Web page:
Two veteran academics are ringing the alarms about the behavior and mindset of college students in America today, pointing to a “profoundly unintellectual” environment rife with sexual promiscuity that’s undermining marriages and families.
Former Yale English professor William Deresiewicz and Vigen Guroian, professor of religious studies at the University of Virginia, presented their thoughts at a recent conference at Franciscan University of Steubenville, Ohio, The College Fix reports.
Deresiewicz argued that many students seemingly lack passion and “aren’t trained to pay attention to the things they feel connected to.”
The former Yale professor, who also taught at Columbia University, contends many American universities have become “profoundly unintellectual” because students are more focused on the process of learning and “accumulating gold stars,” which means they “don’t have time for intellectual curiosity.”
Students, he said, “can’t think for themselves because they don’t have time.”
The result is students who have told Deresiewicz “’I hate all my activities, I hate all my classes, I hated high school, and I expect to hate my job,’” he told students. Higher education, Deresiewicz believes, now produces “a large number of mentally smart, (but) situationally confused graduates.”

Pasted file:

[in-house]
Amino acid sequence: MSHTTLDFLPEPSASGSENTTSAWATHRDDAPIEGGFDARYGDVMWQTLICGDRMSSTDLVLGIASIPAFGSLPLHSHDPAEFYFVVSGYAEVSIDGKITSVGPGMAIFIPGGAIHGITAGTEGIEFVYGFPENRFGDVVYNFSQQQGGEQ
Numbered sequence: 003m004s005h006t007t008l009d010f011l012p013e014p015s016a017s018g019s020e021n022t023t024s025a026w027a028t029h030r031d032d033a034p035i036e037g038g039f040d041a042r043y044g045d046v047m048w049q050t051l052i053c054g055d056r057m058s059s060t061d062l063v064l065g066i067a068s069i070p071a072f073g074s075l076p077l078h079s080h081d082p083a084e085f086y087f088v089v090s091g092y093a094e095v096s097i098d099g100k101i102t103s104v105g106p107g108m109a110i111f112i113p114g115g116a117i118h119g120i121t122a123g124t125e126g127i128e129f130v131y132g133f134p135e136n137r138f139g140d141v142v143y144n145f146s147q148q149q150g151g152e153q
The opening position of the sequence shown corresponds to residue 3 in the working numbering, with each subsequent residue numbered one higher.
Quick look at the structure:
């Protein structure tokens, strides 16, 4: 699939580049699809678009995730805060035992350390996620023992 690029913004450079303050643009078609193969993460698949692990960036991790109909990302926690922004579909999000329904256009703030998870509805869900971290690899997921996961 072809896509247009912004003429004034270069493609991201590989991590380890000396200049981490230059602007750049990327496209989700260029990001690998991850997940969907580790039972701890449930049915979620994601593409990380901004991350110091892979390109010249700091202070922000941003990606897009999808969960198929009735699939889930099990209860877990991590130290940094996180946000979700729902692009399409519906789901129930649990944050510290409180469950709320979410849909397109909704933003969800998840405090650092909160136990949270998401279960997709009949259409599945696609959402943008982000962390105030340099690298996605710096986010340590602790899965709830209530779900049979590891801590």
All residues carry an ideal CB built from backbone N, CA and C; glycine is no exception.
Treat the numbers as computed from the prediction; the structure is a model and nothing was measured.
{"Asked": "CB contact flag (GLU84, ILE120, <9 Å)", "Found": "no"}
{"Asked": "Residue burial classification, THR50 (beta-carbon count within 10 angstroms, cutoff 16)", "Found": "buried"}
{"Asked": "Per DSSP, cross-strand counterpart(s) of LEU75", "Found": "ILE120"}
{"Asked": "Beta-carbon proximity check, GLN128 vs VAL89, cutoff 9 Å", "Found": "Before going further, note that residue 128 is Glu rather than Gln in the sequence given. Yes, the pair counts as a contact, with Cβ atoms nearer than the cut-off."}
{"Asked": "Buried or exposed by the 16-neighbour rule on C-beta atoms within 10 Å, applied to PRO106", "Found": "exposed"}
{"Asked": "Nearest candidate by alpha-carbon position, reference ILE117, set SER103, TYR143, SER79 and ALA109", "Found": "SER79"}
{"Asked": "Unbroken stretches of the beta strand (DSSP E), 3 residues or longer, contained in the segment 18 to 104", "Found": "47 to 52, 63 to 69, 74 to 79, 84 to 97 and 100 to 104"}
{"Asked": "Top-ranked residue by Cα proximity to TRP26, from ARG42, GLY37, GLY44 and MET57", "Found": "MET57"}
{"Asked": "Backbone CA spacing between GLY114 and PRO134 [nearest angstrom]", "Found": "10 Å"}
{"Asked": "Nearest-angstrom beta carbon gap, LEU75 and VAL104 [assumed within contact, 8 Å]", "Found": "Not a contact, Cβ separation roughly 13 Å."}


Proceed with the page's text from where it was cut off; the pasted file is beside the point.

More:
“You might as well go to Wall Street and make a lot of money if you have nothing better to do,” he said.
These concerns echo those expressed recently by James Davison Hunter, executive director of the Institute for Advanced Studies in Culture who spoke at the Baylor University’s Institute for Faith and Learning recently. Hunter warned, “In an effort to establish a neutral and inclusive moral paradigm, the moral universe is emptied of all particularities that make it binding on the conscience…. An inclusive morality tends to reduce morality to the thinnest of platitudes.”
Guroian, author of controversial Christianity Today article “Dorm Brothel,” spoke about the how what’s becoming a collegiate sexual free-for-all is eroding the moral fabric of traditional courtship and marriage, leading to rising divorce rates.
“I believe that the college experience has an impact on the marriages our children make,” he said.
In the past, college was a place where many people found their spouse, Guroian said, but it now more resembles “a parent-funded motel party.”
“Dating has taken a back seat,” he said. “Where courtship languishes, marriage weakens.”
Hunter reminds us that communities grounded in the particularities of religion have the capacity to form moral character substantive enough to deal with life’s ethical challenges.
Teachers and principals working to strengthen moral and citizenship formation in their students can find information and strategies at the UK’s The Jubilee Centre. In The Jubilee Centre’s own words, the following illustrates how the centre views it work. “The Jubilee Centre is a pioneering interdisciplinary research centre on character, virtues and values in the interest of human flourishing. The Centre is a leading informant on policy and practice through its extensive range of projects contributes to a renewal of character virtues in both individuals and society.”